tuation, by its exclusion from popu. lous society, by its centrical position with respect to the Diocese, by its containing a spacious Church capable of accommodating a numerous congregation, and lastly, by its being the site of an antient cathedral and seat of learning, the dissolution of which, and of St. Mary's College at St. David's, and of a similar foundation at Abergwili, at the Reformation, without the endowment of any equivalent establishment, so very materially contributes to the necessity of the proposed institution.

To accomplish this design of the Society, to defray the expences of constructing the requisite apartments, to secure the permanence of a com



Noctes atque dies patet atri janua Ditis.


VIRG. Æn. v. 127. T must be admitted that the preceding letters afford strong evidence of the advantages of the Cowpock; for, however some might have doubted the utility of the discovery of Jenner, the more recent discoveries of Dr. Moseley and Dr. Rowley are calculated to silence every objection as to the subsequent benefits which have resulted from the pri mary discovery; nevertheless, in order to acquire the means of accurate decision, candour claims attention to the arguments which the opponents are entitled to state.

In this class, John Birch, esq. appears to be one of the most prominent agents in support of the old regime of the Small-pox; insomuch, that one profound argument alone


Promulgated by him is deemed suffi cient to overturn the whole fabrick of Vaccination, and to establish decisively the superior merits of the Smallpox, which cannot be given more cogently than in his own words *:

"That in the populous part of the Metropolis, where the abundance of children exceed the means of providing food and raiment for them; this pestilential disease is considered as a merciful provision on the, part of Providence, to lessen the burthen of a poor man's family."

It may, indeed, be suggested by some, that a charge on Providence of creating children for the purpose of destroying them by a painful and horrible disease, is scarcely reconcileable to the attributes of divine goodness. The mode recommended By Malthus of preventing the population of poor children, by deny ing the poor man the consolation of an helpmate, appears somewhat more humane, though less likely to be adopted, if that be humanity which debars the poor from the only enjoyment which they can possess in common with the rich. It might also be doubted as to its utility in promoting national prosperity, as some have represented the poor as the greatest blessing in every country, under an idea that whoever earns more by labour, either by sea or by land, than he consumes for his subsistence, contributes in that proportion to national wealth, the source of national prosperity, as well as of the comforts and luxuries of life; and that, were not the poor allowed to breed in future, and the remainder or spawn of those living to be killed off, the rich would become the poor; or, in other words, be compelled to do that for themselves which the poor had heretofore done for them. This trans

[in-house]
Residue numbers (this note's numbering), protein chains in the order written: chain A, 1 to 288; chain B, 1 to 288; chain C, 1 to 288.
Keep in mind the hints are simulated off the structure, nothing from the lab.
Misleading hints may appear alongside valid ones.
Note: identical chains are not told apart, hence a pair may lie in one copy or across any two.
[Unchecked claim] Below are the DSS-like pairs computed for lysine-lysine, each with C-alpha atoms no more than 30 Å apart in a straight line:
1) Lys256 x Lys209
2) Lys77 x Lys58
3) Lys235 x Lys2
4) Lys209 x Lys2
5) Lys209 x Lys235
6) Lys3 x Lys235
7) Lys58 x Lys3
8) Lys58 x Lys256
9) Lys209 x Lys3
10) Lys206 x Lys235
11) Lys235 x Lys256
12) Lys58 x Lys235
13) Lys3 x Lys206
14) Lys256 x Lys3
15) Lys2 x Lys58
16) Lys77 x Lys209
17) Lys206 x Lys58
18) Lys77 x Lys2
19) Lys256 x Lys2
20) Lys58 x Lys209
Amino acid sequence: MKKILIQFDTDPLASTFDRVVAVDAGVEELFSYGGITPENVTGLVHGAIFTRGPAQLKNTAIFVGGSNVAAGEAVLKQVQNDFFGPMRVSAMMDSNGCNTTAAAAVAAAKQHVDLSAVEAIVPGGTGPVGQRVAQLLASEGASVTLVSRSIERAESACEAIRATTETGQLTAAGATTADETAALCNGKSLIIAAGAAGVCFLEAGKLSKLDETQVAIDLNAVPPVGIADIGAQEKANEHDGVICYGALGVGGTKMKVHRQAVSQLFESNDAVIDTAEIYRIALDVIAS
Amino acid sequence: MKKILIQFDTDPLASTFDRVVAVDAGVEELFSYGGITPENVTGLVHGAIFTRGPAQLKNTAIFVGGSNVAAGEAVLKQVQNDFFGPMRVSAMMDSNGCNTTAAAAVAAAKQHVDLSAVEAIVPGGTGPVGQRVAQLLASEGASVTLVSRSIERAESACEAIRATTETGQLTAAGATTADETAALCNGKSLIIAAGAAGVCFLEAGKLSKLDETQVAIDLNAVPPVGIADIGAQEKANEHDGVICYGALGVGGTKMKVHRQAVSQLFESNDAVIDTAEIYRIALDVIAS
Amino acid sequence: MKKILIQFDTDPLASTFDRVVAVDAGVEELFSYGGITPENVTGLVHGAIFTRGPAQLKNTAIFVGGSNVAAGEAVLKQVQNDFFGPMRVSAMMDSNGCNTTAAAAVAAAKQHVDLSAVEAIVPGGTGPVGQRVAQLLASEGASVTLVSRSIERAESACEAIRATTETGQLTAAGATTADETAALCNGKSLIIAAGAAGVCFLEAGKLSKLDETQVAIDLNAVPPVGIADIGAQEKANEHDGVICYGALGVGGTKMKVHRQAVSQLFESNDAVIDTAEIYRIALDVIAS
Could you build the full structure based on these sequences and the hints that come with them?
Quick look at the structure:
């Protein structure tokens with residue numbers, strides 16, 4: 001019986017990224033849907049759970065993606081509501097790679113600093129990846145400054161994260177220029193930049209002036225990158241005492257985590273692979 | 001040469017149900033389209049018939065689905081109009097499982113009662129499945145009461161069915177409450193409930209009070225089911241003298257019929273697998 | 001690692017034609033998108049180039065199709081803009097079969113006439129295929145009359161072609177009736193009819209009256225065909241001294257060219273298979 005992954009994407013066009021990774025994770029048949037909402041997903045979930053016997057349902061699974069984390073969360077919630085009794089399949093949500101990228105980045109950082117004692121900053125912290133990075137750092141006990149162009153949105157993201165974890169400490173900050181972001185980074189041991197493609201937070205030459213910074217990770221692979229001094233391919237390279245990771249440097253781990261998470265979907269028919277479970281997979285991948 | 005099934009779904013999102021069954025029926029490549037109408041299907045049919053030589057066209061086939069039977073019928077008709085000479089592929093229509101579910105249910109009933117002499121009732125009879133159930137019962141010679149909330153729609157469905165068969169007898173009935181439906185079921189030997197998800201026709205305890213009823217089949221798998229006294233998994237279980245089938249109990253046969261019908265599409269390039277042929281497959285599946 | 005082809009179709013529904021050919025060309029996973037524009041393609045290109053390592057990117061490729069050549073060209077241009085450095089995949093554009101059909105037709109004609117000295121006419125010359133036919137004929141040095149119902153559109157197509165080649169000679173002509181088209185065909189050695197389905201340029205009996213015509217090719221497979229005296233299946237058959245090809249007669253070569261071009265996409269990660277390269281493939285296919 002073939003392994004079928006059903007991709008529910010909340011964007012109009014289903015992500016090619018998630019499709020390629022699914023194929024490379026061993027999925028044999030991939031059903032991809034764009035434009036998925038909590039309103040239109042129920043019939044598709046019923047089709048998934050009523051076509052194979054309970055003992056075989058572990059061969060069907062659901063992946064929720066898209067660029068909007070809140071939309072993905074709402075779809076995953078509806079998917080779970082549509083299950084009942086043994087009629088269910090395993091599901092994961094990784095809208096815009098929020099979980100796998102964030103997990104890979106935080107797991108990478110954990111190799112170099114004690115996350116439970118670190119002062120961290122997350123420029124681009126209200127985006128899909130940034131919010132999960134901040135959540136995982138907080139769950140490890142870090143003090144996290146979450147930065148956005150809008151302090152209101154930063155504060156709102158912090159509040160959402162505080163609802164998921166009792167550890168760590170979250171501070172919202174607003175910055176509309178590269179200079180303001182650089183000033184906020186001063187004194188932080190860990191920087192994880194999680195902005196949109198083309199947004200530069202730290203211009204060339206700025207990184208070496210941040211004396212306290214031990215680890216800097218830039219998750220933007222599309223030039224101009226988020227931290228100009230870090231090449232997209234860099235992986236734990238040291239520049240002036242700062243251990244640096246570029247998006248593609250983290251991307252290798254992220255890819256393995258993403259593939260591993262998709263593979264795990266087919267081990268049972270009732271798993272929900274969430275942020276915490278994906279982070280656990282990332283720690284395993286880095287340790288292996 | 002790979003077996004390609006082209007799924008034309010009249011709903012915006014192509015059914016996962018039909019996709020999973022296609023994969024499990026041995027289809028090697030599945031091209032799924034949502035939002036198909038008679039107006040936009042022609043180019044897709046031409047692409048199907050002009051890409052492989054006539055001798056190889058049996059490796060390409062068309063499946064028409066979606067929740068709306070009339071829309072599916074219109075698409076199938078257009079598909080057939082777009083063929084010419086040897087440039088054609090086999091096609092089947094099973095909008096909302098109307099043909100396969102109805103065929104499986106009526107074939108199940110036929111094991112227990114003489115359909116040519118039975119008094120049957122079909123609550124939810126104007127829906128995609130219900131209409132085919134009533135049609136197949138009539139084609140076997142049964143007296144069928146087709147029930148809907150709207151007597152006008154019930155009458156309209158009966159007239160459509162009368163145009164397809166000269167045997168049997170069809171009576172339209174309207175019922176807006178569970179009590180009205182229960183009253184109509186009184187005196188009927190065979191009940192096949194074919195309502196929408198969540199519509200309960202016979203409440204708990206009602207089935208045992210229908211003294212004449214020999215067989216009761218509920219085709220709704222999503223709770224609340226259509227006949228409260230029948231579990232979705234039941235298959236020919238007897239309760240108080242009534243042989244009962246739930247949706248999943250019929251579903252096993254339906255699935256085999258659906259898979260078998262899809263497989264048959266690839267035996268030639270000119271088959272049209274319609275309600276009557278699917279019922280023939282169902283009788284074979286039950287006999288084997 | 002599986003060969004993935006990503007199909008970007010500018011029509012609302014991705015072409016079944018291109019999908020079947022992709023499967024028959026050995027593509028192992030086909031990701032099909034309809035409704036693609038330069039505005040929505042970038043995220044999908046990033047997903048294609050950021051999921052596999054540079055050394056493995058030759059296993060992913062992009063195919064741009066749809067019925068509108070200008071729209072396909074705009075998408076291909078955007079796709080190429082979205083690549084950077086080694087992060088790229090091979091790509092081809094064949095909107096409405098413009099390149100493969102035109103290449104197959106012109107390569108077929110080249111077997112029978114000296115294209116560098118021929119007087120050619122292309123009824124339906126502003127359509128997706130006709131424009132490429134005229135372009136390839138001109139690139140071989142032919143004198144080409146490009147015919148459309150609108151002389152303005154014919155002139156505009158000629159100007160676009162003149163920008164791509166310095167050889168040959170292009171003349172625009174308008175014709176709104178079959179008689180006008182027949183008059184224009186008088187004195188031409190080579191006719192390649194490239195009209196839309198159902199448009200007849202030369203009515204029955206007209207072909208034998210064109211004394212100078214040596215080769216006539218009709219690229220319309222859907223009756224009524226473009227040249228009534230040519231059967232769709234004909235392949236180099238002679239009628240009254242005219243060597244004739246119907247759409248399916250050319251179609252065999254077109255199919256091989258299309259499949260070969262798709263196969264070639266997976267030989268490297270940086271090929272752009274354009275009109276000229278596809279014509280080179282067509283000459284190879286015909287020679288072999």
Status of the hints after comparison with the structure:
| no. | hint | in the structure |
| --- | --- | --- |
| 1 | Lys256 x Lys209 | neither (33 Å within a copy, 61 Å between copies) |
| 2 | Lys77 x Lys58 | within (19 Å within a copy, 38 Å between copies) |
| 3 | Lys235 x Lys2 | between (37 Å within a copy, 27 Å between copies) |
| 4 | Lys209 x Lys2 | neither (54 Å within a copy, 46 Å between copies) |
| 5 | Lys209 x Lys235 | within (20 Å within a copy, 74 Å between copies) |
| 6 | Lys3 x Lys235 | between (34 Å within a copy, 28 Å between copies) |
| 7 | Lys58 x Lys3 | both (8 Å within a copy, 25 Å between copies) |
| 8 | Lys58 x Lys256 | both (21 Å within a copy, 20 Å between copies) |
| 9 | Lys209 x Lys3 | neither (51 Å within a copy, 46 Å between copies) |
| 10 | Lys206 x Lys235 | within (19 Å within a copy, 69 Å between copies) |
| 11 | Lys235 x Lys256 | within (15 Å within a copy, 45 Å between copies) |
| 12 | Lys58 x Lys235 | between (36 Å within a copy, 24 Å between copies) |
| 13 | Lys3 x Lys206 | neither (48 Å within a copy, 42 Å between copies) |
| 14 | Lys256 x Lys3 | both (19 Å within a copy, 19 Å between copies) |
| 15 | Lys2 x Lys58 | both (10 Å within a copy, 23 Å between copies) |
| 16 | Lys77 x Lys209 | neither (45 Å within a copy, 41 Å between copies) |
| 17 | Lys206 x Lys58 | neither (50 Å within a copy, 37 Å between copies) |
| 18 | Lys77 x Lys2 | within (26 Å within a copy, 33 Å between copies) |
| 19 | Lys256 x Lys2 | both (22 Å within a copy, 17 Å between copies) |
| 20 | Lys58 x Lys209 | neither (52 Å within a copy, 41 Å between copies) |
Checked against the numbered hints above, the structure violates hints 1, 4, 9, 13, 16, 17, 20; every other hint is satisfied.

mutation, however, like Moseley's Pasiphaes, and Rowley's Minotaurs, would be attended with singular advantages to the higher ranks, or those who were before privileged to enjoy the luxuries of life without personal labour, by rendering them industrious and useful members of the community; and certainly happier, by preventing indolence, and all the miseries of ennui, or of having nothing to do, for Le travail du corps delivre depeines de l'esprit; et c'est ce qui rend les pauvres heureuses |.